A Simpler Previews Interface

tldr: New web site: Goshenite.

I’ve been reading American comics since the 80s.  To put that into perspective for you youngsters: That was before Snapchat even existed.

Think about that for a moment.

goshAnyway, back in those days, Mile High Comics sent out a condensed list of everything all the comics distributors would be selling in three month’s time (including snarky comments), and I scanned through the list (on paper!) and ordered (or subscribed to) the stuff I wanted.

This was very efficient.  Scanning lists on paper is something human beans do well.

Then the Internet happened, and everything went s-l-o-w.

These days, there’s only a single distributor — Diamond Comics.  They do sell catalogues of everything they sell, but they’re big and annoying and not very scannable.  The other options are a few comics shops that list the Diamond data (including Mile High), but they’re all so… old fashioned.  Small, paginated lists and a whole lot of clicking.

In my opinion.  Mileages vary more than the NOx output from a Volkswagen.

So I’ve just been web-scraping tgosh2hose sites the past few decades to make the data scannable again.

But yesterday I had an idea: What if I were to put that data up on a more modern site that allows for better zombie-like scanning?

Design objectives:

  1. Zero wait browsing.  When I want to see the next listing, I don’t want to wait.  So: Everything preloaded.
  2. Avoid having to move the eyes around.  This means that each category of data (title, creators, the cover) stay in exactly the same spot.
  3. Keyboard-based navigation between the comics and the publishers.
  4. An ability to filter out variant covers.
  5. No storage of data on the server.  Everything happens in the browser, and the users’ subscription lists are not sent anywhere.  The secret of your subscription to Magic Whistle is still safe!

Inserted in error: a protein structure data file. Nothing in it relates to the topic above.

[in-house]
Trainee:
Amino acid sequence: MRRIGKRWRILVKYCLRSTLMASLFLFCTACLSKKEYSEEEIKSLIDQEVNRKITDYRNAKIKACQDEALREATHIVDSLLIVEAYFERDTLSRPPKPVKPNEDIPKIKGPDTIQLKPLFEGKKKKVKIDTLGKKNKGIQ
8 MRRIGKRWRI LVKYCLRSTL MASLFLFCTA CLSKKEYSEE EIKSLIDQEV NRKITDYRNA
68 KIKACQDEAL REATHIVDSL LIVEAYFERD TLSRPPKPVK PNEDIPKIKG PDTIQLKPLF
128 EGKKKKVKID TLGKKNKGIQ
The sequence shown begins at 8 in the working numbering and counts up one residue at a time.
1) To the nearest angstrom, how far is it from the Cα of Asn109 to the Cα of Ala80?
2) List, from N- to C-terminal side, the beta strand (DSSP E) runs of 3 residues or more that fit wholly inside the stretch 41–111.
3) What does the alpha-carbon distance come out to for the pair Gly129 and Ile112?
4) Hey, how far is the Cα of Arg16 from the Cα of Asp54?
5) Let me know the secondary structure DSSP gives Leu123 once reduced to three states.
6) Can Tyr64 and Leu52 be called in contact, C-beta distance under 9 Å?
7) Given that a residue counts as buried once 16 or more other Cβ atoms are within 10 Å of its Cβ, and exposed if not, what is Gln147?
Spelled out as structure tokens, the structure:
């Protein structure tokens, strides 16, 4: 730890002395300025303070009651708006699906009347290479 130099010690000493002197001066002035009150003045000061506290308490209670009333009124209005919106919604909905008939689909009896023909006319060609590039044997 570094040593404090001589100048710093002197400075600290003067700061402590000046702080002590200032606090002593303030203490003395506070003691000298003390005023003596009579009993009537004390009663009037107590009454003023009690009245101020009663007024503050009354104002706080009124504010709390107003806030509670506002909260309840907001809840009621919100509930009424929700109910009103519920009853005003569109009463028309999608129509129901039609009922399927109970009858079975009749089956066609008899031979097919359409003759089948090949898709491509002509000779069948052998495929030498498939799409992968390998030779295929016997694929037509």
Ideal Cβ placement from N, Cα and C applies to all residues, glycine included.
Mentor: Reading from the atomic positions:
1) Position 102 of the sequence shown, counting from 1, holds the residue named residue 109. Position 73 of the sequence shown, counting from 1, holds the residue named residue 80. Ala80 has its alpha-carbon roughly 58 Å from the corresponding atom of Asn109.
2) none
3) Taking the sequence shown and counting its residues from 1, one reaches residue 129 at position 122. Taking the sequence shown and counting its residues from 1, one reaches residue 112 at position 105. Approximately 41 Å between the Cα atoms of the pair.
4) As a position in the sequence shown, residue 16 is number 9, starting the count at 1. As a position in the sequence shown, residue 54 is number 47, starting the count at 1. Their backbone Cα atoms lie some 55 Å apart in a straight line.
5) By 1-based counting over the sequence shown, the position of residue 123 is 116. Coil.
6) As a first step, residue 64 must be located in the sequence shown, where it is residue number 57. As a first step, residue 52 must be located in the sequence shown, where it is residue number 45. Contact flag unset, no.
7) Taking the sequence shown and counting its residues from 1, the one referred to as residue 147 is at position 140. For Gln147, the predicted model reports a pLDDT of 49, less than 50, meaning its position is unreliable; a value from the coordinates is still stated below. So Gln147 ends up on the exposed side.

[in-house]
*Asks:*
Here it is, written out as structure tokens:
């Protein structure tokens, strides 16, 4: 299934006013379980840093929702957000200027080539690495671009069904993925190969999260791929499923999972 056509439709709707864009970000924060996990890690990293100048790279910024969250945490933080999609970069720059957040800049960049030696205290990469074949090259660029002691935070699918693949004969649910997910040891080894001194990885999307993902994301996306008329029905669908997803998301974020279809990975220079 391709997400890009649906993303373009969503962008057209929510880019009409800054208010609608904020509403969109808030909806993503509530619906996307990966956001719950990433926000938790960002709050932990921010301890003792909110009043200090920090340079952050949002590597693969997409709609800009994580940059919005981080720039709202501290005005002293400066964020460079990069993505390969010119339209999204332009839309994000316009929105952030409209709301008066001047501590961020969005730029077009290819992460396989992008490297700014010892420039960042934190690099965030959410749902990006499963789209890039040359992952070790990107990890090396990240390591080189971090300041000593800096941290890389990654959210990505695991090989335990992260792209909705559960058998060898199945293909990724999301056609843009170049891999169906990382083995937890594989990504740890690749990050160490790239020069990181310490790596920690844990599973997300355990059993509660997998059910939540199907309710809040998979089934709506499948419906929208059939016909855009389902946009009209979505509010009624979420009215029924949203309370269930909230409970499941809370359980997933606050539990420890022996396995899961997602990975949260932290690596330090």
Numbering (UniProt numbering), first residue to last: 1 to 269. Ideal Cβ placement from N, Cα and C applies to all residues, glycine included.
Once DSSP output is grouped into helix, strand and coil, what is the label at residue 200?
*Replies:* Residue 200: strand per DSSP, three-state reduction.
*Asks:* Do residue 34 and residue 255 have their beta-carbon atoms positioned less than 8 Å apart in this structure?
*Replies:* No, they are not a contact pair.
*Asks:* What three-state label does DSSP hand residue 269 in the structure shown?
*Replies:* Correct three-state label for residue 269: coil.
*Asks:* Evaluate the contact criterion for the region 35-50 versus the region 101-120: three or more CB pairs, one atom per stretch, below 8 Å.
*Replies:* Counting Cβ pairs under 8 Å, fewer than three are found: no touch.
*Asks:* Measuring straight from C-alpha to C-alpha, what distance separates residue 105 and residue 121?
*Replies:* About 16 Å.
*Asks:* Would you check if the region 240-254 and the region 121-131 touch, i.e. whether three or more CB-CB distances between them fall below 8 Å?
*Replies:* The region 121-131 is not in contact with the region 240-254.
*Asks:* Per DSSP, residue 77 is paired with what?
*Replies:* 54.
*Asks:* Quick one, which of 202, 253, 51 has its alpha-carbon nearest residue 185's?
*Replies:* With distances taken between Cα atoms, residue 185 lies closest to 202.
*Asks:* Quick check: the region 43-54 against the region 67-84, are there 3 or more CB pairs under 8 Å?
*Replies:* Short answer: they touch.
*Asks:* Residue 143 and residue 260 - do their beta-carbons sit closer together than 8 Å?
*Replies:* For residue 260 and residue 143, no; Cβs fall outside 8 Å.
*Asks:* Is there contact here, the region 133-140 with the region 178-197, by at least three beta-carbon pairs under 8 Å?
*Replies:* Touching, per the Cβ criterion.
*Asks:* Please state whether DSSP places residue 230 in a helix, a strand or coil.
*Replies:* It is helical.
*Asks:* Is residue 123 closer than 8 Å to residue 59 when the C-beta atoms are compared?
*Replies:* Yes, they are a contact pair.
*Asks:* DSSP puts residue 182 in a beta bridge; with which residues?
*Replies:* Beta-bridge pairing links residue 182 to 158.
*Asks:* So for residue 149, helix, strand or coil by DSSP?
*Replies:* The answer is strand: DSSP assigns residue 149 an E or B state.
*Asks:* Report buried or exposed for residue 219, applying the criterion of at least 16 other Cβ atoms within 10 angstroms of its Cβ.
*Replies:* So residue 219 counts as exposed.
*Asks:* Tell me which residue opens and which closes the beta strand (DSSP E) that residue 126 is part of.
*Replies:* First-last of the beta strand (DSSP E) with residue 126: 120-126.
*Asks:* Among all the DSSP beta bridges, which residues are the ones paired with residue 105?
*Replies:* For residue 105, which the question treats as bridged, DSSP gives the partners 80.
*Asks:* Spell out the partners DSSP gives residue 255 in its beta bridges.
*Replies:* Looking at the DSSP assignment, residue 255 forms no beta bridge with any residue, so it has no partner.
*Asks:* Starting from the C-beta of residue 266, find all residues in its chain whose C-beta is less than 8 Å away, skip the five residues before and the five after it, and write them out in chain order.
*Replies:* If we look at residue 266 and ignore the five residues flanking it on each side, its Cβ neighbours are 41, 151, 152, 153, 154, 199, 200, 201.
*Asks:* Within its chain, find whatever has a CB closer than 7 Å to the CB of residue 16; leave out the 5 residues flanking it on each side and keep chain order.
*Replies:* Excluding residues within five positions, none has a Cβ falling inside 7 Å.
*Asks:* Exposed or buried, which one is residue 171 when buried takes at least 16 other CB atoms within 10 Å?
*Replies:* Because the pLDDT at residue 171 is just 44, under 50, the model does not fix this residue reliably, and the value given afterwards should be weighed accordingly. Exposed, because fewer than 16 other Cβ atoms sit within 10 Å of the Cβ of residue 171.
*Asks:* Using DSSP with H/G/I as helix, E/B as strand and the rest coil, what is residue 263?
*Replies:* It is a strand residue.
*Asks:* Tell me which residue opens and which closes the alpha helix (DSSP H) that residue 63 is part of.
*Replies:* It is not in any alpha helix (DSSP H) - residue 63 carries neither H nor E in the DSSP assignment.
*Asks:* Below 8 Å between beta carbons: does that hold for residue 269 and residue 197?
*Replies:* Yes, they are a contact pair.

I implemented this today, and you can see the results on Goshenite.  The data is scraped from the Diamond web site — I hope they don’t mind.  I mean, they’re distributors, so more channels to hawk their wares, the better?

The source code for the scraper is here, and the source code for the web site is here.

(Goshenite is a crystal that kinda looks like diamond.  Clever, huh?)

The idea is that you can sit yourself down before your screen, tap happily on “arrow down” and the other keys, and when you see something you might want to buy, you hit “b”.  After you’ve done, you hit the “Export” button and you get a list you can give to most any normal comics store in the US, and they’ll order the stuff for you.

Or just send the list to Mile High, which is what I’ll be doing.

The Tilda Swinton Checklist

After a pretty random decision to see all films Tilda Swinton had appeared in, and a basic run-through and then a mopping-up weekend, I’ve basically seen all the Swinton films that are kinda available.  (In some form or other.)

This post is a place-holder article I’ll just be editing to keep track of what films I still have to seek out.  Because it makes more sense to do that on a blog than in a text file.

shot0029 png2

You know.

The films with “-” in the first column are the ones I’ve yet to watch.

* 1986: Zastrozzi: A Romance
* 1986: Egomania
* 1987: Aria
* 1987: Friendship’s Death
* 1988: The Last of England
* 1988: L’ispirazione
* 1988: Degrees of Blindness
1988: Das andere Ende der Welt
* 1989: War Requiem
* 1989: Play Me Something
* 1989: Cycling the Frame
* 1990: The Garden
* 1990: Your Cheatin’ Heart
1990: Fruits of Fear
* 1991: Edward II
1991: The Party: Nature Morte
1992: Man to Man: Another Night of Rubbish on the Telly